The Beautiful People, Tango and Polo
Trip Start Feb 15, 2006
67Trip End Feb 14, 2007
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The girls are prettier as well, which made wandering the streets of this thriving city even more enjoyable. I hear that 1 in 10 girls here have an eating disorder - well that must be somewhat different to the Gill and Alan eating disorder - we have found the helpings huge and have struggled not to pig out an all the Argentinian meat meat meat dishes. Have you noticed there are less photos of us in front of the scenery - quite simple, we would blot it out!
Wandering the streets,
We visited an amazing graveyard. Perhaps graveyard and amazing are not usually in the same sentence but this time they fit. It must be the most snobbish graveyard in the world. In fact it isnīt a real graveyard because no one seems to be buried there. Coffins are in full view. There is row after row, or better street after street
It will be interesting to see where they bury Maradona who used to play for Boca Juniors. We went to the Boca district or should I say republic because the residents declared it a free state some time ago, even before that other most famous Argentinian of them all.
We had been recommended to catch a polo match in BA and we managed to get tickets to semifinal day of the Argentine Open. This seems to be another sport that we invented that has been hijacked by Johnny Foreigner - this time Argentinians. All polo players in the world seem to have a handicap with 10 being to best - I think the English team boasts a couple of 7 handicappers - and we watched one of the Argentinian club teams, La Dolfina, which had three 10 handicappers with the poor fourth member only being rated 9.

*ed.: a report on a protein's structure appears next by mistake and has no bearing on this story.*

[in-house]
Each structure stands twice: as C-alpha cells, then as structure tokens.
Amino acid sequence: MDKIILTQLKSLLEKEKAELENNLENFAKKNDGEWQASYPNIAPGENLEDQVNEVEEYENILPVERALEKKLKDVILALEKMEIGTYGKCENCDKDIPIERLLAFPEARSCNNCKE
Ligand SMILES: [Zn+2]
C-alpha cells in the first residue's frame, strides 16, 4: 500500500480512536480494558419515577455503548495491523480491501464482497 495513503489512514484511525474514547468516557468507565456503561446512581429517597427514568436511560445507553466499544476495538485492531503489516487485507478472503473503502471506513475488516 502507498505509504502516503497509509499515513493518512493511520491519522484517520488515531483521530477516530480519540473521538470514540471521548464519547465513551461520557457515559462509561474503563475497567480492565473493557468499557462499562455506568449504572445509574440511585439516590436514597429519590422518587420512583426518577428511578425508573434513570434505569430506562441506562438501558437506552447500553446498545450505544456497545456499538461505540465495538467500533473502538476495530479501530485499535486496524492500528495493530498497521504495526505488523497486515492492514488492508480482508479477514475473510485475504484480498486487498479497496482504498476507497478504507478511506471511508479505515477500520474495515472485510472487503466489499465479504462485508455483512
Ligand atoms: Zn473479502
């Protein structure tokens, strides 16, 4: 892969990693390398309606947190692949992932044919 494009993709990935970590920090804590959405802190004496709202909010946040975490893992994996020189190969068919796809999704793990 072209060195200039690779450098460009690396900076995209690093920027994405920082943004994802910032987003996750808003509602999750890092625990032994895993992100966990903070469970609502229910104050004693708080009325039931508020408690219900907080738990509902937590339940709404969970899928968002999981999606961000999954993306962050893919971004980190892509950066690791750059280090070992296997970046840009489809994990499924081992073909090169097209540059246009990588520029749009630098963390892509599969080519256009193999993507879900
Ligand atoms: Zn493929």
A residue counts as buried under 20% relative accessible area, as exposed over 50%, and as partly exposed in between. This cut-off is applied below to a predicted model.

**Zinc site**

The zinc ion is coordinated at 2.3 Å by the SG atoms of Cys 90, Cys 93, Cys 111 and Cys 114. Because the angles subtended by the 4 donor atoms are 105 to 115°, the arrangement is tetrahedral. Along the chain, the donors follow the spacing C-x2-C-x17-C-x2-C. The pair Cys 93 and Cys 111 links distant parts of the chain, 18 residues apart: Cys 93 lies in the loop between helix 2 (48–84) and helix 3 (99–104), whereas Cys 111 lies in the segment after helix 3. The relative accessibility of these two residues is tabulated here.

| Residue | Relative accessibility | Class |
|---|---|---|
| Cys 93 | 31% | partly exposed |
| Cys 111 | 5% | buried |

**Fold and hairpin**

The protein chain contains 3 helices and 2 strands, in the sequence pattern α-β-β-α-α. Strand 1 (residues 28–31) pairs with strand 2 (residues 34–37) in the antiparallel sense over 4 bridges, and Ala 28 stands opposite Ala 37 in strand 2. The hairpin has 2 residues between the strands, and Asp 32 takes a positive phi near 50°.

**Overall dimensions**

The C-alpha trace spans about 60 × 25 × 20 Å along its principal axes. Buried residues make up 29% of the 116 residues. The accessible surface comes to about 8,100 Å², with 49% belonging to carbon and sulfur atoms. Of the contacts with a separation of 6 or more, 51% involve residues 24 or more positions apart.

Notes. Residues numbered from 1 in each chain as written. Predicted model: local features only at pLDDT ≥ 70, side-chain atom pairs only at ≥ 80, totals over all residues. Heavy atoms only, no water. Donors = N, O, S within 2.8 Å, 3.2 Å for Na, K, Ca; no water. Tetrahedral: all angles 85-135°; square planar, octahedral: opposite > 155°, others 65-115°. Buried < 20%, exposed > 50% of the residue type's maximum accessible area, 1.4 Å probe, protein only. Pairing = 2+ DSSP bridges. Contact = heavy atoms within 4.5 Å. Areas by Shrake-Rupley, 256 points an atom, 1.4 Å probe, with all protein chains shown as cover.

The skills were amazing
as was the bravery of both the players and their ponies who often seemed to catch the ball right up the backside without turning a hair. We really enjoyed the day out and of course engaged in more people watching - ie the Hooray Joses who look very similar to the Hooray Henrys.
After the polo, the Tango. Tango seems pretty big in Buenos Aires with locals dancing the evenings away at dance rooms. We were advised that at least six lessons are needed before visiting such a place - even the most skilled partner cannot cover up for a beginner.
So, we visited a touristy Tango tea room and were wowed by the fancy footwork of these professional dancers with me wincing as the beautiful girl seemed to be doing everything possible to knee her partner in the nuts.
One observation of the city though, when the locals are not at work, they are the most helpful and pleasant. As soon as we took out the map somebody offered in perfect English to help us find what we wanted. On the other hand, once those locals were at work everything changed. Now they were complete jobs worths. Not at all helpful and sometimes downright misleading. Very strange. When we first arrived with all our luggage, our hotel receptionist explained very clearly that we had a booking but because we had not contacted her in the last ten days, she had canceled it. No she did not have any rooms, no she could not recommend another hotel, no she could not assist us ringing round any that we found in the guide book. Eventually, after our first row for ten weeks 24/7 - my fault of course!, we found a place to stay which turned out to be in a much better spot anyway, but this attitude was not the exception.
Next stop, Iguassu and those waterfalls.